'A Single Man' in a World of Doubles

TIMES STAFF WRITER

It was true, I knew. Still, seeing it there, in print, it seemed more than true. It seemed, well, meaningful. The words had meaning. A meaning I hadn't thought of. A meaning I wasn't sure I intended. A meaning I wasn't sure I liked.

Still, I did as the escrow officer said. I checked the box.

"Steven Roy Hawkins. A Single Man."

Say what?

I know I'm single, I know I'm a man, but when did I become "A Single Man"? When did I go from being single to being "A Single"? Was it that day last month, when I signed the refinance papers? Or was it when I bought the condo and first encountered "A Single Man" in the signature-repetition exercise that is labeled "closing escrow"?

Maybe it was the day I moved into my new home, unpacked, toted box upon box of discards to the thrift shop (yes, I know I got the discard/move thing backward and, yes, it was hellish), only to realize there still wasn't room for another person to hang his hat in my 2Bd/2Ba.

Or was it the day my dear Aunt Myrtle put her hand on my shoulder and said, "Don't worry, Steven, you'll find the right woman." I was 31 and only sorta worried and, besides, I was looking for the right man.

That was 14 years ago.

Of course, some things got in the way. Like, I had to come out of the closet. That took time. And a lot of work. I tend to mentally process things through and through before I act. And I had to start dating. And that meant being around men who want to date other men. And I had to fall in love. Big love, small love. Old love, young love. Love, love, love.

For someone who uses his head too much, I fall in love easily. Waiters. Nurserymen. Bloomingdale's salesmen. I can't tell you how often I've left the mall convinced a sales clerk wanted to marry me.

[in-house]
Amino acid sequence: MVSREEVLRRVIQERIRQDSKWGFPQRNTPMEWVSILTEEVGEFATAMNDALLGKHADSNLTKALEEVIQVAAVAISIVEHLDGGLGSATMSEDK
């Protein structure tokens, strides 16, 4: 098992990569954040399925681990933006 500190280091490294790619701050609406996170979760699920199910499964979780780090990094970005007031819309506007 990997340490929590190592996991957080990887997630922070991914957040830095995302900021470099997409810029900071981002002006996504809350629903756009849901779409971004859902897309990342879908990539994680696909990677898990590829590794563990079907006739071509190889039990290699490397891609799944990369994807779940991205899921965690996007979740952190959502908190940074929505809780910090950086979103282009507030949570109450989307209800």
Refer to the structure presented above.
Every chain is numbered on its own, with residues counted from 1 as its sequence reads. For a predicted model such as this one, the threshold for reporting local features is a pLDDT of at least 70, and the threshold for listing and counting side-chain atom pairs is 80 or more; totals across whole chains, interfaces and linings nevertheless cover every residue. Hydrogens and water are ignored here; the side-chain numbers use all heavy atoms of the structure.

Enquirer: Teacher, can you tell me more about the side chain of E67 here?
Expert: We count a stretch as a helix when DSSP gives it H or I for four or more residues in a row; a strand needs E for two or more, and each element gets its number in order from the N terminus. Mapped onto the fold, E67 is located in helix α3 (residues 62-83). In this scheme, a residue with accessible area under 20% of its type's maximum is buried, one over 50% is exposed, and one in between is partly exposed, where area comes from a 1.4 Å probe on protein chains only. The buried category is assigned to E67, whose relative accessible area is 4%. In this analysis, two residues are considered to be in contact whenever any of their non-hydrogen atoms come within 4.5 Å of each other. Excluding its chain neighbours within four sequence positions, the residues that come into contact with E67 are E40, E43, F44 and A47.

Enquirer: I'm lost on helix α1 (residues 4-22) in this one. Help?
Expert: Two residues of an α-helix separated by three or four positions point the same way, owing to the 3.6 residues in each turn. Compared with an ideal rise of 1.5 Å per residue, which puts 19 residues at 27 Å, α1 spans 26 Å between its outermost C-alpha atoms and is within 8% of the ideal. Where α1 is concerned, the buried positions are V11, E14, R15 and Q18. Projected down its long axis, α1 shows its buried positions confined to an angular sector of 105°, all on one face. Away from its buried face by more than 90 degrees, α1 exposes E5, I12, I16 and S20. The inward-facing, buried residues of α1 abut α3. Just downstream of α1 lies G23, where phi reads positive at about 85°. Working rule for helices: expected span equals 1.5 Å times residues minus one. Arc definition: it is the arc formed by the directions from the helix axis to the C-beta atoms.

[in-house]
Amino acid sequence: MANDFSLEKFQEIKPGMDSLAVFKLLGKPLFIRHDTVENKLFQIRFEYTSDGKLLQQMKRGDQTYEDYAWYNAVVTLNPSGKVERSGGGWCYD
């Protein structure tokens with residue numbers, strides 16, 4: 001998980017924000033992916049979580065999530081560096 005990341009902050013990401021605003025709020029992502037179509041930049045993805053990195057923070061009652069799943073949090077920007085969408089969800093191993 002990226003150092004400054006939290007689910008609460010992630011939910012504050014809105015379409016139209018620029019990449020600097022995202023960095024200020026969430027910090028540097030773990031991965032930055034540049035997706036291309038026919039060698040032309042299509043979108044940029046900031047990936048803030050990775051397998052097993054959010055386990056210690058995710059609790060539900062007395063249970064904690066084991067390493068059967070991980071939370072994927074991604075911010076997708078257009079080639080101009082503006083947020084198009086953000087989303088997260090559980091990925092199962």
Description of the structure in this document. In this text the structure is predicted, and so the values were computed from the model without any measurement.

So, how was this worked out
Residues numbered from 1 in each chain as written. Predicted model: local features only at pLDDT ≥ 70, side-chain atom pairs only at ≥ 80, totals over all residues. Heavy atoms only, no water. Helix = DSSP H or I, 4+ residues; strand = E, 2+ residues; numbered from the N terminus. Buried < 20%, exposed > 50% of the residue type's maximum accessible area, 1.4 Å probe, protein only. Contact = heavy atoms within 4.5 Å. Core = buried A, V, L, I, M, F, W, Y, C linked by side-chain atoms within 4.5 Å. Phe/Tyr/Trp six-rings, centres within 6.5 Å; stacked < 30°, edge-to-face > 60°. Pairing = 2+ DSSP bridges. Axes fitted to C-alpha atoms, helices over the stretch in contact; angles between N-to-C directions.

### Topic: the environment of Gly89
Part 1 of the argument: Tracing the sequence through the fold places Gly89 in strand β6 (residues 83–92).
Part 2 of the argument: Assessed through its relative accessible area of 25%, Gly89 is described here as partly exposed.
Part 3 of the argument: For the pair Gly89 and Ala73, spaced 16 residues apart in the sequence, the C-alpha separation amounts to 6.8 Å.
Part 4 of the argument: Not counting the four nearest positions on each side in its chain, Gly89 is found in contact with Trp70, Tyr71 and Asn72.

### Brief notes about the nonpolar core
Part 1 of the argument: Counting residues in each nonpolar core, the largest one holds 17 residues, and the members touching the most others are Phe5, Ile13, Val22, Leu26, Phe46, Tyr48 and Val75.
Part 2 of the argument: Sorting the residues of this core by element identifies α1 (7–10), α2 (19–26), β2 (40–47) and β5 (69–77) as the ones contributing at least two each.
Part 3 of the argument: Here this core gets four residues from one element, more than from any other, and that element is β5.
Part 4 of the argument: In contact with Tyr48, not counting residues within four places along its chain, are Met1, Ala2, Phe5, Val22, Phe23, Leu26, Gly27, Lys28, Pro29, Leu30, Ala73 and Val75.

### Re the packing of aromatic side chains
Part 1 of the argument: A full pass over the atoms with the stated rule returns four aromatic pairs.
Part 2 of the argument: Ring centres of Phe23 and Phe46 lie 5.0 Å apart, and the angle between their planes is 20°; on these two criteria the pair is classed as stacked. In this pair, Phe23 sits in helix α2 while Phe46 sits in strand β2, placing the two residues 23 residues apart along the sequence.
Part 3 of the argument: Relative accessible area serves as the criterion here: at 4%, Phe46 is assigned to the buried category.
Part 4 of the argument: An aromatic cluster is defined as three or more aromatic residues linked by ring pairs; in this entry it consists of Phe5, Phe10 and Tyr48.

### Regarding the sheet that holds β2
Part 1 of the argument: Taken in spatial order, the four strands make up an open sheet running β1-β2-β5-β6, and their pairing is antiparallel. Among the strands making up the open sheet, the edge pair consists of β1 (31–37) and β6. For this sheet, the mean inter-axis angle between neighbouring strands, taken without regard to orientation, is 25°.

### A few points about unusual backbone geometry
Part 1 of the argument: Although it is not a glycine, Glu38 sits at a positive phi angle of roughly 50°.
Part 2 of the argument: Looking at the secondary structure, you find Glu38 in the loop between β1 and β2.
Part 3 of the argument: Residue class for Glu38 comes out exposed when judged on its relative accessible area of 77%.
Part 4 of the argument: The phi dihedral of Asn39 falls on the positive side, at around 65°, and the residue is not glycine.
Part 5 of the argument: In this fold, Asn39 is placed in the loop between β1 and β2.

I just realized why I'm still single. My optometrist (Oh, sure, he's a "Man" but is he "A Single"?) was testing me for a new prescription for my nearsightedness and asked if I'd considered an alternative for "social situations." I just looked at him. (Remember, I can see fine up close.) He repeated: "Social situations." Again, a blank look on my face. He gently went on: Like, when I wouldn't want to wear my glasses. When I could wear contacts instead.

Finally, it hits me. He means when I'm in the bars.

Well why didn't he just say so!

I don't do the bars.

And I don't do contact lenses. If a man isn't going to speak to me in a bar because I'm wearing glasses, is that the man I want to snuggle with when "Moulin Rouge" becomes available on DVD?

I've dated strangers (don't snicker, that's how it's supposed to work), I've dated friends of friends (though I could date more, for those friends who are reading this), I've dated friends who ended up not being friends (OK, now you can snicker). I did try the bars, I confess, but that was back when smoking indoors was still legal. Phew-eeeee. I did classes and workshops and therapy. I tried newspaper personal ads (and met some good men) and I tried volunteer work (and met some good men).

Just never the right man at the right time.

So I live by myself. With my tropical fish. With my books and the Elton John LPs I won't ever trade away. But I'm ready to clear out some space, to tackle more of those closets, if the time comes. And if, in the meantime, I have moments when I feel lonely (and I don't mean alone), I try to remember the people I care about--the people who care about me.

A buddy is insisting I try online dating. I suppose I will, once I get used to the idea of having my photo on the World Wide Web for the whole wide world to see. (This buddy was showing me how to navigate the online personals when we stumbled onto an ad for an old acquaintance. You can learn a lot about someone you think you know by reading his want ad.)

You see, I never decided to be Steven Roy Hawkins, A Single Man. I could end up living alone forever and, as the years go by, I'm more comfortable with what that means. I'm more comfortable with myself, with the decisions I make, with the friends and family I keep closest. This is the hardest work I do, much harder and much more important than finding Mr. Right.

Still, every time I go out, I figure it could happen. At the dry cleaners. The gas pump. The grocery store's check-me-out line. I can't make it happen, but if it does, if we find each other, it will be beautiful. All I can do is be ready--and that work ends only when I do.

In the meantime, I have to hit the malls for a dear friend's birthday gift, and you know what that means. Love for Steven Roy Hawkins, A Single Man, is just a Bloomingdale's away.

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